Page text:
When you think of Navy Air in the Korean War, what is the first thing that comes to mind? Well for most people it is James Michner’s novel and movie The Bridges at Toko-Ri. As usual, the real story is better than fiction.

On Midrats this Sunday, please join fellow USNI blogger EagleOne and me with our special guest, holder of the Medal of Honor from the Korean War, CAPT Thomas J. Hudner, Jr. For those not familiar with his story, here is his MOH Citation;

For conspicuous gallantry and intrepidity at the risk of his life above and beyond the call of duty as a pilot in Fighter Squadron 32, while attempting to rescue a squadron mate whose plane struck by antiaircraft fire and trailing smoke, was forced down behind enemy lines. Quickly maneuvering to circle the downed pilot and protect him from enemy troops infesting the area, Lt. (J.G.) Hudner risked his life to save the injured flier who was trapped alive in the burning wreckage. Fully aware of the extreme danger in landing on the rough mountainous terrain and the scant hope of escape or survival in subzero temperature, he put his plane down skillfully in a deliberate wheels-up landing in the presence of enemy troops. With his bare hands, he packed the fuselage with snow to keep the flames away from the pilot and struggled to pull him free. Unsuccessful in this, he returned to his crashed aircraft and radioed other airborne planes, requesting that a helicopter be dispatched with an ax and fire extinguisher. He then remained on the spot despite the continuing danger from enemy action and, with the assistance of the rescue pilot, renewed a desperate but unavailing battle against time, cold, and flames. Lt. (J.G.) Hudner’s exceptionally valiant action and selfless devotion to a shipmate sustain and enhance the highest traditions of the U.S. Naval Service.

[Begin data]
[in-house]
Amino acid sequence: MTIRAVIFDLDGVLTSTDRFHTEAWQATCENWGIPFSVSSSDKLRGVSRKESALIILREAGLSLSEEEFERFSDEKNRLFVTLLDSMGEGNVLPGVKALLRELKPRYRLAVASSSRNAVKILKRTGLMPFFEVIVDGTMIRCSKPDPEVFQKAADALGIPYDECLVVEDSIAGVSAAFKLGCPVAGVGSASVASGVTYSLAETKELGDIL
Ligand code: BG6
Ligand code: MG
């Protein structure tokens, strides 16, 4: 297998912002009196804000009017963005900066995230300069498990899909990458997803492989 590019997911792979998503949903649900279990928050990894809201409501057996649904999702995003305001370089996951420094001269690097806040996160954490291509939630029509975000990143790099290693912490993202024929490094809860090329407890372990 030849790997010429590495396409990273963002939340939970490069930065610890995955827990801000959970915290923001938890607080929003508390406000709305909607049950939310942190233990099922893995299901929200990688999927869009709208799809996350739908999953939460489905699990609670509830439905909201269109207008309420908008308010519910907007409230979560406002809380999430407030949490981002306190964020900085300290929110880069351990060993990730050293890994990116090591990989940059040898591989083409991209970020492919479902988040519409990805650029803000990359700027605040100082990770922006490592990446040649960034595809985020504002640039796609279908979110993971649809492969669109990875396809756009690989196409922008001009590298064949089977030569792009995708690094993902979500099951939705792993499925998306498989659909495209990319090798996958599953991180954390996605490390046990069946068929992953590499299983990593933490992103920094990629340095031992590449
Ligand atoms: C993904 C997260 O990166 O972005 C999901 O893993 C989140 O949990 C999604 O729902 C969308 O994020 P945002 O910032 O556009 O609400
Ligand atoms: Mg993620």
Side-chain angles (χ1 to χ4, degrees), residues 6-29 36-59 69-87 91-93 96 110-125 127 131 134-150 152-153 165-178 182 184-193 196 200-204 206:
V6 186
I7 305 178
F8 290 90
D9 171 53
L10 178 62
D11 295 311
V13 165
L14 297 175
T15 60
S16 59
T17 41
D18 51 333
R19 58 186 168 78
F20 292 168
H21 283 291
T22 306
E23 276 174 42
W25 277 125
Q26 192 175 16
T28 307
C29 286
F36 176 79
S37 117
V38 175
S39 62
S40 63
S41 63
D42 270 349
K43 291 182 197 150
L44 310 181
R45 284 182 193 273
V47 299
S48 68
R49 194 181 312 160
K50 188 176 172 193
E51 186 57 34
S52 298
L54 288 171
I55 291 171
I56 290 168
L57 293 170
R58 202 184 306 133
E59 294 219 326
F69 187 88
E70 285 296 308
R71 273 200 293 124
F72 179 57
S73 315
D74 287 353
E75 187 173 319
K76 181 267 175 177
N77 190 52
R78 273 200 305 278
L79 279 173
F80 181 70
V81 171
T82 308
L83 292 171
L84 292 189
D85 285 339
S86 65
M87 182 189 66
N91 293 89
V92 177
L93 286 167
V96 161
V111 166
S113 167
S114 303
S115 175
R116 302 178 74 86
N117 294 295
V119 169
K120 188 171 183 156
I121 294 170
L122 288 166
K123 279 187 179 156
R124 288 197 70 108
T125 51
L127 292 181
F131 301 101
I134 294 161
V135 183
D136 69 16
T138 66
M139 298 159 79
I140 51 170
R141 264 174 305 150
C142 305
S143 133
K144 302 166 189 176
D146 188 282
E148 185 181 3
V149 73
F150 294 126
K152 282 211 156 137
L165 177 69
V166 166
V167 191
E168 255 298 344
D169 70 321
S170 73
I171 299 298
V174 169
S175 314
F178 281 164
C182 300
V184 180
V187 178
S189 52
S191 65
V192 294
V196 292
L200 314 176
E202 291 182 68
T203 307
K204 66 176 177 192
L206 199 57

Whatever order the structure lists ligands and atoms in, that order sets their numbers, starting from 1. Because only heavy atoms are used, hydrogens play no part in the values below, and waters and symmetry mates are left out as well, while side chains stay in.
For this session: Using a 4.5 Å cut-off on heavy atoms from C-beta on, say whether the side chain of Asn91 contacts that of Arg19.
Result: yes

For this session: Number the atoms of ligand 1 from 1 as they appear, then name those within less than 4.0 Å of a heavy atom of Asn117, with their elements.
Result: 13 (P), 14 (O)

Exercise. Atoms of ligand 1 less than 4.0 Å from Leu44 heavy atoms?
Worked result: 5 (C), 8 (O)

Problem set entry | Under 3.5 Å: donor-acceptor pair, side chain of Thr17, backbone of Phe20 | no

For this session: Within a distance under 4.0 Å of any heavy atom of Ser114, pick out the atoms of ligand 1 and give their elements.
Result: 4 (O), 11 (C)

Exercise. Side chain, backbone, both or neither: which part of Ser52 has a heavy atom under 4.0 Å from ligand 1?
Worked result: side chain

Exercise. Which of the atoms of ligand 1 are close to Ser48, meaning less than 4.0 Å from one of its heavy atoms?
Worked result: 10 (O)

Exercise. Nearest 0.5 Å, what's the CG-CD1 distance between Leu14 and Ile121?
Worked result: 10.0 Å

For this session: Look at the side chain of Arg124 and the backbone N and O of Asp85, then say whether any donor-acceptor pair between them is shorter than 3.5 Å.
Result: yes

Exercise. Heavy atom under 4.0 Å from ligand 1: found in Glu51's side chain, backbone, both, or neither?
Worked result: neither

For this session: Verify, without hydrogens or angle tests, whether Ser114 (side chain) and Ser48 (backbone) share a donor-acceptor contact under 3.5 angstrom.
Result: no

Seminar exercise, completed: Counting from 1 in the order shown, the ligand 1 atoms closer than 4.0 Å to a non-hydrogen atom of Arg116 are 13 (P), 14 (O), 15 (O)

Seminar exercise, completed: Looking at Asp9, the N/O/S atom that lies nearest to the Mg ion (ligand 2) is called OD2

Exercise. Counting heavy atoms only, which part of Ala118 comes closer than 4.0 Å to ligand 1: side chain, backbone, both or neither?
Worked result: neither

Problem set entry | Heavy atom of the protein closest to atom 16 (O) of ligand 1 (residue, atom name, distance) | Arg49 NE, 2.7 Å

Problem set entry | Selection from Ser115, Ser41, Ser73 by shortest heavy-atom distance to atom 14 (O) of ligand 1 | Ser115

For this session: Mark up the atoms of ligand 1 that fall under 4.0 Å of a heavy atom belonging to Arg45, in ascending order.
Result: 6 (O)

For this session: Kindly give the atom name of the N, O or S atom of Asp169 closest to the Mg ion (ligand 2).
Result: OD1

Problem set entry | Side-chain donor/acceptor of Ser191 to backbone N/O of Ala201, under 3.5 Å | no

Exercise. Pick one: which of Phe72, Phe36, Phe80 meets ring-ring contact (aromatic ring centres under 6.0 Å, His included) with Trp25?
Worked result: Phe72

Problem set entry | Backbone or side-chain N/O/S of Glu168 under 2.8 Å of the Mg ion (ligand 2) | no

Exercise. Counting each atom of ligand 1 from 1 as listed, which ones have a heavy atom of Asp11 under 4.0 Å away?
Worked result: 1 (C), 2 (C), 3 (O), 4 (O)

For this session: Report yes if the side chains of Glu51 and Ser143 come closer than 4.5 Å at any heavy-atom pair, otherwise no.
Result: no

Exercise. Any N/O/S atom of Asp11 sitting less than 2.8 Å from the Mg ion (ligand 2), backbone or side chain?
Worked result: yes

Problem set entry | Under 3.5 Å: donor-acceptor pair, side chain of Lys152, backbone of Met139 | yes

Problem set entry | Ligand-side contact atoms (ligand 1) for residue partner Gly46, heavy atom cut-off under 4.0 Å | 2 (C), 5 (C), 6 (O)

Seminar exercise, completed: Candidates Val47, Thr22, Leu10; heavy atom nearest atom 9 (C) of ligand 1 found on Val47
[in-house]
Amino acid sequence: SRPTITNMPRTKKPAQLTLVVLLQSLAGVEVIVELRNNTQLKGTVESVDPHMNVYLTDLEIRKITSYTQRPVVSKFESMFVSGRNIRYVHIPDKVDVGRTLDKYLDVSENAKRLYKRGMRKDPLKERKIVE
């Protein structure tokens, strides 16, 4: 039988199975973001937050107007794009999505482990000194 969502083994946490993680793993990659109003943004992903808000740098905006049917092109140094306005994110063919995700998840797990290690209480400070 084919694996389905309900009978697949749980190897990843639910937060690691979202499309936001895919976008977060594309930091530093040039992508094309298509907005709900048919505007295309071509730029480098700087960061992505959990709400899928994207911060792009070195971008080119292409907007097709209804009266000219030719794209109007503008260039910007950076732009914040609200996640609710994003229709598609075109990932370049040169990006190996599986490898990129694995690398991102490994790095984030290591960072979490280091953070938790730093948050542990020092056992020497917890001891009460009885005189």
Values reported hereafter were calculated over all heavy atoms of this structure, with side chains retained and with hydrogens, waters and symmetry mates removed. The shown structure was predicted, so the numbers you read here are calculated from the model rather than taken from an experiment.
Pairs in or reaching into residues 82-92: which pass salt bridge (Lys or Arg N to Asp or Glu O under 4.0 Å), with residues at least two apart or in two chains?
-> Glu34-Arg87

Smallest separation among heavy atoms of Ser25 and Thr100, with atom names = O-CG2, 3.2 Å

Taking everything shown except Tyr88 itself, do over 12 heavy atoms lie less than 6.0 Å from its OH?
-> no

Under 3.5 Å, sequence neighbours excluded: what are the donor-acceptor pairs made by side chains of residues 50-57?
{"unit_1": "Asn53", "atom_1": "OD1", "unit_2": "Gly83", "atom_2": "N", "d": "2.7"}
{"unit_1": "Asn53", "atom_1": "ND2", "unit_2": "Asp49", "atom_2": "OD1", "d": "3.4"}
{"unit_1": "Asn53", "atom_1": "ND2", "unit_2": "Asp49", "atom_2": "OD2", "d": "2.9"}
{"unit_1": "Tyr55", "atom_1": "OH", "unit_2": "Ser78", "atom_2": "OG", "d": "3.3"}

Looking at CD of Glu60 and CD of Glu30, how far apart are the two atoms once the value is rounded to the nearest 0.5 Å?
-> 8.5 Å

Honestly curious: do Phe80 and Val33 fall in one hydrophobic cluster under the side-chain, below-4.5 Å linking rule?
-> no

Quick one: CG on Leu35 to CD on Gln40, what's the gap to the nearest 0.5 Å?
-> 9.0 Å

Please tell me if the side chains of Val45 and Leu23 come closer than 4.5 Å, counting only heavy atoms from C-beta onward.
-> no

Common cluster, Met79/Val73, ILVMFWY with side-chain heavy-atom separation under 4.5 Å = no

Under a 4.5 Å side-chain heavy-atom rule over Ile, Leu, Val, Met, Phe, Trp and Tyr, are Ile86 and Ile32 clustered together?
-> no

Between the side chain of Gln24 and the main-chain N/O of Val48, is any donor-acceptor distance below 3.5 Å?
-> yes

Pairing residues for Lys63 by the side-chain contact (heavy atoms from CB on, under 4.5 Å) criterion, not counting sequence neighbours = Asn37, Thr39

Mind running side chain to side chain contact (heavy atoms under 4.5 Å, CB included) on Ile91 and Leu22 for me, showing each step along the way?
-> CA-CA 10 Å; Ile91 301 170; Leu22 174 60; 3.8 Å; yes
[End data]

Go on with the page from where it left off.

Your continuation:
For the second half of the hour, our guest will be author of Such Men as These: The Story of the Navy Pilots Who Flew the Deadly Skies over Korea, David Sears.

Stuck between the Greatest Generation’s high-water mark of World War II and the Baby Boomer’s Vietnam War – the Korean War often gets lost in the shuffle despite its critical role is setting the foundation for the Cold War and our ultimate victory with the fall of the Berlin Wall.

Join us as we give them the air time they deserve.

If you happen to be in DC soon, you will have more opportunities. At The Navy Memorial in DC there will be a special event to commemorate the 60th Anniversary of the Korean War. On Wednesday, May 26, 2010, 6:00 PM David Sears will host a lecture on his new book, followed by Q&A, a book signing, and a screening of The Bridges at Toko-Ri.

For Midrats though, it is today at 5pm. Catch it live if you can and join the usual suspects in the chat room during the show where you can offer your own questions and observations to our guests. If you miss the show or want to catch up on the shows you missed – you can always reach the archives at blogtalkradio – or set yourself to get the podcast on iTunes.

Posted by CDRSalamander in History, Podcasts

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